The Bottom Line: Still’s disease, more specifically adult-onset Still’s disease (AOSD) is a diagnosis of exclusion. Various infectious, neoplastic, and autoimmune diseases can mimic its clinical manifestations and need to be ruled out for diagnosis (DynaMed Plus, 2018). It is a rare systemic inflammatory disease with 1-34 cases per 1 million people. AOSD is equally distributed among men and women, with peak ages of onset of 15-25 and 36-46 years (Giacomelli et a, 2018).
References: DynaMed Plus [Internet]. Ipswich (MA): EBSCO Information Services. 1995 – . Record No. 114565, Adult-onset Still disease; [updated 2018 Aug 24, cited 2018 Sep 5]; [about 13 screens]. Emory login required.
Giacomelli R, Ruscitti P, Shoenfeld Y. A comprehensive review on adult onset Still’s disease. J Autoimmun. 2018 Sep;93:24-36. Doi:10.1016/j.jaut.2018.07.018.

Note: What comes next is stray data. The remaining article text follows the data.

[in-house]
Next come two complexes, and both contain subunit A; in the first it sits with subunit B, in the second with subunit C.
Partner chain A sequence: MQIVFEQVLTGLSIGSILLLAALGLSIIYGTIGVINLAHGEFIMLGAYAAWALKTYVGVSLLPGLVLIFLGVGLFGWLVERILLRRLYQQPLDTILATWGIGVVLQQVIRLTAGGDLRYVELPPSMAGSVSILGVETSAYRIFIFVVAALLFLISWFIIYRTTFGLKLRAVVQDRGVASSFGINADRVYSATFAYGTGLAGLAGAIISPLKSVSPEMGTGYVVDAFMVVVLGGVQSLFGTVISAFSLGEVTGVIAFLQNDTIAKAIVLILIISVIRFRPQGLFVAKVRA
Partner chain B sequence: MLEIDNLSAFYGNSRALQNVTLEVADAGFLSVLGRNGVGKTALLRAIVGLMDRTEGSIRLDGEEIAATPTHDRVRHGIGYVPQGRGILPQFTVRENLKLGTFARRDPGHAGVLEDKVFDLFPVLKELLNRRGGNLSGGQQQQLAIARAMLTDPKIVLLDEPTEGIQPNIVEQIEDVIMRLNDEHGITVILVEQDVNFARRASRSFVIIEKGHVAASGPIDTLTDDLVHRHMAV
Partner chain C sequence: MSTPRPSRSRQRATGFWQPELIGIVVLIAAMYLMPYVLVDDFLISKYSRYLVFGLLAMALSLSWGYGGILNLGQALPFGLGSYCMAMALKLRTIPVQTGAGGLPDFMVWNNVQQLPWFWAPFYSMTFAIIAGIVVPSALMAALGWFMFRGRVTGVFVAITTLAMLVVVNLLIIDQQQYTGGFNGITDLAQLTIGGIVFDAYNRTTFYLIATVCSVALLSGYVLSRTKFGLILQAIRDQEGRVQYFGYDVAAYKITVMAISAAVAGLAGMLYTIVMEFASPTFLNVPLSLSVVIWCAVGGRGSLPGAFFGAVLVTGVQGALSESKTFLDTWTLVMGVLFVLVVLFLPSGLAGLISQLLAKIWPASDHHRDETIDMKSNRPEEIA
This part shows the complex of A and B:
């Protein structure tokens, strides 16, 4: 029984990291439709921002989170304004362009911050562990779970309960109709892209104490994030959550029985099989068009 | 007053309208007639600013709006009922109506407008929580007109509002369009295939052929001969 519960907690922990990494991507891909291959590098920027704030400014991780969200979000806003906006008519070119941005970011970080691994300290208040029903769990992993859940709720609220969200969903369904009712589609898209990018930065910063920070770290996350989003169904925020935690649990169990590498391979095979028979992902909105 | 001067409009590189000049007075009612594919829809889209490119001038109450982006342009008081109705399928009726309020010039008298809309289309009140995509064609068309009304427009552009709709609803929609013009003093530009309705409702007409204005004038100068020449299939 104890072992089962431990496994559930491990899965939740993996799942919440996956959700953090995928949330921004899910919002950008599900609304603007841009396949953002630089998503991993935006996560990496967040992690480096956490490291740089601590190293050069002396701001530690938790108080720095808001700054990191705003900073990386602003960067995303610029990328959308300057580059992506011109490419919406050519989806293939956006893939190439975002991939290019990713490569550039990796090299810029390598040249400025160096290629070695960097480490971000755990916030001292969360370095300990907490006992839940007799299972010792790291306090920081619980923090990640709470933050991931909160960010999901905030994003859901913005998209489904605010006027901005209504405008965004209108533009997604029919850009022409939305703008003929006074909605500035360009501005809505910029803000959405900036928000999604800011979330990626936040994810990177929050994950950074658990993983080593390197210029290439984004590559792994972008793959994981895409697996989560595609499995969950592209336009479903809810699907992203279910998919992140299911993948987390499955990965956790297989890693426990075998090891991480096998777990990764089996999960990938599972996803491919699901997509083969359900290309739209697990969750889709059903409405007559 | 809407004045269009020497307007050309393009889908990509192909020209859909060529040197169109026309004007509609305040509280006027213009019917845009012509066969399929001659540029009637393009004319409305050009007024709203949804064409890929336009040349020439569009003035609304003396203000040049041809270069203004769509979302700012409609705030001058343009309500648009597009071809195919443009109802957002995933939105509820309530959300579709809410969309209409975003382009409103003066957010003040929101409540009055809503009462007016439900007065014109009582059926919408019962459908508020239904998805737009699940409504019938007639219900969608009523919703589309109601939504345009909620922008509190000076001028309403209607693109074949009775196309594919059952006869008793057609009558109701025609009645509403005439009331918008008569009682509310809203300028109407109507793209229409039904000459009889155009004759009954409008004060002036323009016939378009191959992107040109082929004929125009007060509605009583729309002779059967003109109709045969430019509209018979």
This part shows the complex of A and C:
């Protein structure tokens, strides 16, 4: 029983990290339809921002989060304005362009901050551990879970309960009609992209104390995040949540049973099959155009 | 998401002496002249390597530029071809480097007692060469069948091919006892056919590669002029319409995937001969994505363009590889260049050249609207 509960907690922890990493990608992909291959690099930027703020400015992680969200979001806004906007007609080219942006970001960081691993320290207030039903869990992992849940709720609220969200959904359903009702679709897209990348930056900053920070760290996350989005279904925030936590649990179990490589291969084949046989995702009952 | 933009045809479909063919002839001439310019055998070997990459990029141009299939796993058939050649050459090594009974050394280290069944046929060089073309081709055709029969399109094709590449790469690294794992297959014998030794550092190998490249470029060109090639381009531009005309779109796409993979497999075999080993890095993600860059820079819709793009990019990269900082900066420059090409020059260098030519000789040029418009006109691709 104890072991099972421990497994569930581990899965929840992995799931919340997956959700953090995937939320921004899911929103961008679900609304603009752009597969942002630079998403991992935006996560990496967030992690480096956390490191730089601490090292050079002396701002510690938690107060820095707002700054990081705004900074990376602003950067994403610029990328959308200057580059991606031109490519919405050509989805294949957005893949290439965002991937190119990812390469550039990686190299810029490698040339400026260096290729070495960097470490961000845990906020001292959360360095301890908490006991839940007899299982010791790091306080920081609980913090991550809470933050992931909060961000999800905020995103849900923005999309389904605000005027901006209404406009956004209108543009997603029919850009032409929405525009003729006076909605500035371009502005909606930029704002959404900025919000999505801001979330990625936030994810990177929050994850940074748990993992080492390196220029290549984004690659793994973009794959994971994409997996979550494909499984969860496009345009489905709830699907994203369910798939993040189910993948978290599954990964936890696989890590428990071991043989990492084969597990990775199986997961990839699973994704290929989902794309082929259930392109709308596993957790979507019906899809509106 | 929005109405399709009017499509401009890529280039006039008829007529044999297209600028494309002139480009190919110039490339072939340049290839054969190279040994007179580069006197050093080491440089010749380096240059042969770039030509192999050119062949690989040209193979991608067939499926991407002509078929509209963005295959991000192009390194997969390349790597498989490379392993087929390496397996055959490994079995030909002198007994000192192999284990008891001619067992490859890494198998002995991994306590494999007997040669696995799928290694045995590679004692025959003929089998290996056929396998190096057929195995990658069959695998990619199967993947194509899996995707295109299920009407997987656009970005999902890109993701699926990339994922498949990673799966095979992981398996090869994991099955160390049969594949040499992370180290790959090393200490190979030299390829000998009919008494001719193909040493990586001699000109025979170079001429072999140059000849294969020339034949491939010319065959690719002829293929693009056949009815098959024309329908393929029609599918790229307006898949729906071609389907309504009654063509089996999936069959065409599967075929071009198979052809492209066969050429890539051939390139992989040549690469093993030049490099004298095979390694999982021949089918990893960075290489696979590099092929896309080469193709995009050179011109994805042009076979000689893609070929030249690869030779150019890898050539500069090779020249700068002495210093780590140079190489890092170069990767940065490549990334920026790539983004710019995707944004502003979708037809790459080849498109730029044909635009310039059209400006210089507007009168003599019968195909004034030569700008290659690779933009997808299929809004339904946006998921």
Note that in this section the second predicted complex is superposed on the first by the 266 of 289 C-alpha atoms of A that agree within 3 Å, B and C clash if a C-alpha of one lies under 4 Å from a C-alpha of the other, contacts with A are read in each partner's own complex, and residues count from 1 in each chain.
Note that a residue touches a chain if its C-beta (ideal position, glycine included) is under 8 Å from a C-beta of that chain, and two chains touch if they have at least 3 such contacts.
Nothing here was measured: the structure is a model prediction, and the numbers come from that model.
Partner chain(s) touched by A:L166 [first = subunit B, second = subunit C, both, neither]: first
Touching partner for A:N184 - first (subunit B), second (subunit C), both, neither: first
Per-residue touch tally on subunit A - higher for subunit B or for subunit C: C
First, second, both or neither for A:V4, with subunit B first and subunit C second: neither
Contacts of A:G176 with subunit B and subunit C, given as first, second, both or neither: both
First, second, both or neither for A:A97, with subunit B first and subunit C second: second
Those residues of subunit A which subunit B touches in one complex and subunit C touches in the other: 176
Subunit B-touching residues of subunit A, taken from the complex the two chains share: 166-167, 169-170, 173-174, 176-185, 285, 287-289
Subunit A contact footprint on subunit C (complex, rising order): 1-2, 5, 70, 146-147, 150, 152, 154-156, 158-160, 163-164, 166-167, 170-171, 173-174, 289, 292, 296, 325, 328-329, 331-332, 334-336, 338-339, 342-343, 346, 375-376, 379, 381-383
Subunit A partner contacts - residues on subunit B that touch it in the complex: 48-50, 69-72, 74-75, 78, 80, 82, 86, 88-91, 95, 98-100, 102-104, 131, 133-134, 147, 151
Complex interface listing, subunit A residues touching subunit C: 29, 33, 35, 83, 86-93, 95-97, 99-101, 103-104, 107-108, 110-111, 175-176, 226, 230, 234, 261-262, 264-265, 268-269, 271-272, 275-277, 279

Summary: George Still described 22 children with systemic onset juvenile idiopathic arthritis in 1897. In 1971, Eric Bywaters reported 14 adult patients with symptoms similar to pediatric Still’s disease, such as skin rash, fever, and polyarthritis. Thus, AOSD was defined. It remains a multisystemic disorder of unknown etiology and difficult diagnosis (Giacomelli et al, 2018).
Current AOSD treatment is aimed at targeting pro-inflammatory signs and symptoms, preventing organ damage and life-threatening complications, minimizing adverse effects. Giacomelli et al (2018) confess that recent evidence suggest new insights in AOSD pathogenesis and highlight new therapeutic targets, thus AOSD management may be improving “in the next future.”